Several days later, Bowling and his colleagues in the River Forecast Center found themselves effectively ceding control of directing releases from Kentucky Dam to the Army Corps of Engineers. When waters reach the 35-foot stage at Cairo, Illinois, that triggers a mechanism for the Corps to assume that aspect of operations; they sort of “take over” at Kentucky, with the goal of coordinating a regional effort to minimize flooding on the Ohio and Mississippi Rivers.

Unfortunately, so much rain had fallen within the Ohio and Mississippi systems that even cutting Kentucky back to absolute minimum flows ultimately had little impact on downstream flooding.

Bowling is quick to point out, however, that the operations at Kentucky were instrumental with regard to one very important aspect of flood response. “They say that timing is everything—and in this case, that proved to be true,” he observes. “We worked closely with the Corps to provide input on how high to take water levels. When calls came in from various emergency management agencies to say they were still in the process of putting measures in place to try to handle these flows, we were able to buy them some additional time. In this case, there was so much water coming down the Ohio River that Kentucky Reservoir’s storage could not eliminate flooding, but we were able hold off the inevitable for a critical period of time. And sometimes, that makes a great deal of difference to a great many people.”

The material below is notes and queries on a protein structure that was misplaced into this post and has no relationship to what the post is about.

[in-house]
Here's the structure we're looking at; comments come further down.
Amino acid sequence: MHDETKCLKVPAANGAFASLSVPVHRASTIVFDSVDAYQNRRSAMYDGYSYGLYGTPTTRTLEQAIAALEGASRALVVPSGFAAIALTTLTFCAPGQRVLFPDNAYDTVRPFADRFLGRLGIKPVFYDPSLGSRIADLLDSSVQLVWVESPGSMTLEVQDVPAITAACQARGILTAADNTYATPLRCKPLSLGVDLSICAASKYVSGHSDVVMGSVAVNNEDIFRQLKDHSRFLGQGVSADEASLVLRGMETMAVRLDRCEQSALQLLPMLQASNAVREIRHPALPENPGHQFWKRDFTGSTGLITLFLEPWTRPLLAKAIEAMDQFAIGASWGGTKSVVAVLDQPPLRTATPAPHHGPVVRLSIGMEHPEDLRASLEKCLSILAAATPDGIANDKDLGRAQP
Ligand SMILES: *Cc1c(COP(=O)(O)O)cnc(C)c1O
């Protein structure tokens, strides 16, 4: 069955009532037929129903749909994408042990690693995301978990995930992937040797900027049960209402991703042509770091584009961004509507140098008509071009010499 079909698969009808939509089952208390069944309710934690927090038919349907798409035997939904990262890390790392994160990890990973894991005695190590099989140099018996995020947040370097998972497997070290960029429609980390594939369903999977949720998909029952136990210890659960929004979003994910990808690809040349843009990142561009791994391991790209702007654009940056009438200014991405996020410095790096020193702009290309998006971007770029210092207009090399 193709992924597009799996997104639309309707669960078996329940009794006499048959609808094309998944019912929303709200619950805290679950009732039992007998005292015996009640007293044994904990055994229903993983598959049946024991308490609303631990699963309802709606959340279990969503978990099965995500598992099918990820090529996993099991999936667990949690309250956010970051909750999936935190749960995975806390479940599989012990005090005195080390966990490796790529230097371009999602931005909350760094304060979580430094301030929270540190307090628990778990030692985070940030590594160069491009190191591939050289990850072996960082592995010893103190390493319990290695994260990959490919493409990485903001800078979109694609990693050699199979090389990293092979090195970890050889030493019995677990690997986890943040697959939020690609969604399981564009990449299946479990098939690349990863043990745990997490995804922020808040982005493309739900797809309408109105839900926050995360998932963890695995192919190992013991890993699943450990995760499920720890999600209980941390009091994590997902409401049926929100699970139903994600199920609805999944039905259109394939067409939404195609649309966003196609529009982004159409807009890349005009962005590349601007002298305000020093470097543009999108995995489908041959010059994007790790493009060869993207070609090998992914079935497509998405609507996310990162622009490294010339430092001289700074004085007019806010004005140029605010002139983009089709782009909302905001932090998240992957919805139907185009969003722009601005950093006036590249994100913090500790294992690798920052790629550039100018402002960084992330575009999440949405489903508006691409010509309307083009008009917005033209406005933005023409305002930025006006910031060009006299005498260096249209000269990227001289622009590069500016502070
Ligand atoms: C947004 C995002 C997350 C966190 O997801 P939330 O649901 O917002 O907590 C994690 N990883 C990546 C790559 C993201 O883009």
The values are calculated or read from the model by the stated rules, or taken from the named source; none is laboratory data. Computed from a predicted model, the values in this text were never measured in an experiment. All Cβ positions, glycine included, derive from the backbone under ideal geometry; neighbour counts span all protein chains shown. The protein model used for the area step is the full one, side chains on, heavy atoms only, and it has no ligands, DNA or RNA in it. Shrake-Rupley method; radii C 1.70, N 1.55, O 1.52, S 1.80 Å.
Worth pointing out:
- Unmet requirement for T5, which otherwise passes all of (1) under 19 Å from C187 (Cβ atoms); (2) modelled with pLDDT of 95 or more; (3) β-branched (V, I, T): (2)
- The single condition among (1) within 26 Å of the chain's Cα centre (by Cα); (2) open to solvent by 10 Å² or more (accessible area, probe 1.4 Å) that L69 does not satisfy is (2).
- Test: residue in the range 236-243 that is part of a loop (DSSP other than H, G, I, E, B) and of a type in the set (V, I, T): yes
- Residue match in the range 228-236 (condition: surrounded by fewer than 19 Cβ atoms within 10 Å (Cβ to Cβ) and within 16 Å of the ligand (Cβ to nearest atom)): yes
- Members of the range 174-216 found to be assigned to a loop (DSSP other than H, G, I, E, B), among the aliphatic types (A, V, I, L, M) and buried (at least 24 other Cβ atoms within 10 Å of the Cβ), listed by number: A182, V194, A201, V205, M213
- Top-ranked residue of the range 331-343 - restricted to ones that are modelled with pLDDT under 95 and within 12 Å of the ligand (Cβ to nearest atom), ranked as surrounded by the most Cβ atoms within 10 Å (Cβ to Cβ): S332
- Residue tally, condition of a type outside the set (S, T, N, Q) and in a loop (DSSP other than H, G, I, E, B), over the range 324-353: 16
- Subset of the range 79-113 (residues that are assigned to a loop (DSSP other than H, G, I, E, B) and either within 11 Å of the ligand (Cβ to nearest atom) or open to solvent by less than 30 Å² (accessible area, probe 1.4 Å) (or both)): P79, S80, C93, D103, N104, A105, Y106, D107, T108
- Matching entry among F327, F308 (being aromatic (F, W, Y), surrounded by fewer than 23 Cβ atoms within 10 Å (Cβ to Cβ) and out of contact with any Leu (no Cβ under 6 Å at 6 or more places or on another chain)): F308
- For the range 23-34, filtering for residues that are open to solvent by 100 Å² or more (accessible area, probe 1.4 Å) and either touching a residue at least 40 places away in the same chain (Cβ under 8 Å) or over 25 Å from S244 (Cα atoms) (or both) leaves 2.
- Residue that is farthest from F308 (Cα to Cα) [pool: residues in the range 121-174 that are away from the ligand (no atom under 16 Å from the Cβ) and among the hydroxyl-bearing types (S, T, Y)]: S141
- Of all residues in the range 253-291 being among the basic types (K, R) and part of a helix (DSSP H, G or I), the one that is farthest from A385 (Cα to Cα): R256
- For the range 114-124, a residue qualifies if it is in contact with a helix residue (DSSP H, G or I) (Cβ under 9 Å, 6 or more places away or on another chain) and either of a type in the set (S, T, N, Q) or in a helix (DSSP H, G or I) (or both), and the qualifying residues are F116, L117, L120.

Get more information on TVA.com

The links below will take you to reservoir-related information on TVA’s website.

TVA’s reservoir operating policy:  Learn how TVA manages the flow of water through the Tennessee River system to provide navigation, flood damage reduction, power supply, water quality, water supply, recreation, and other benefits.

Reservoir information:  Get detailed information about individual reservoirs, including observed and predicted elevations and releases at TVA dams, reservoir operating guides, water quality improvements, fish population survey results, and more.  To check reservoir information from your cell phone or other mobile device, go to http://m.tva.com.

Rainfall and stream flows:  Get the latest information on daily rainfall and stream flows across the Valley.

Recreation release schedules:  View the 2011 schedule for water releases for rafting, kayaking, and canoeing below these TVA dams:  Apalachia, Ocoee No. 1, Ocoee No. 2, Ocoee No. 3, Norris, Watauga/Wilbur, Upper Bear Creek and Tims Ford.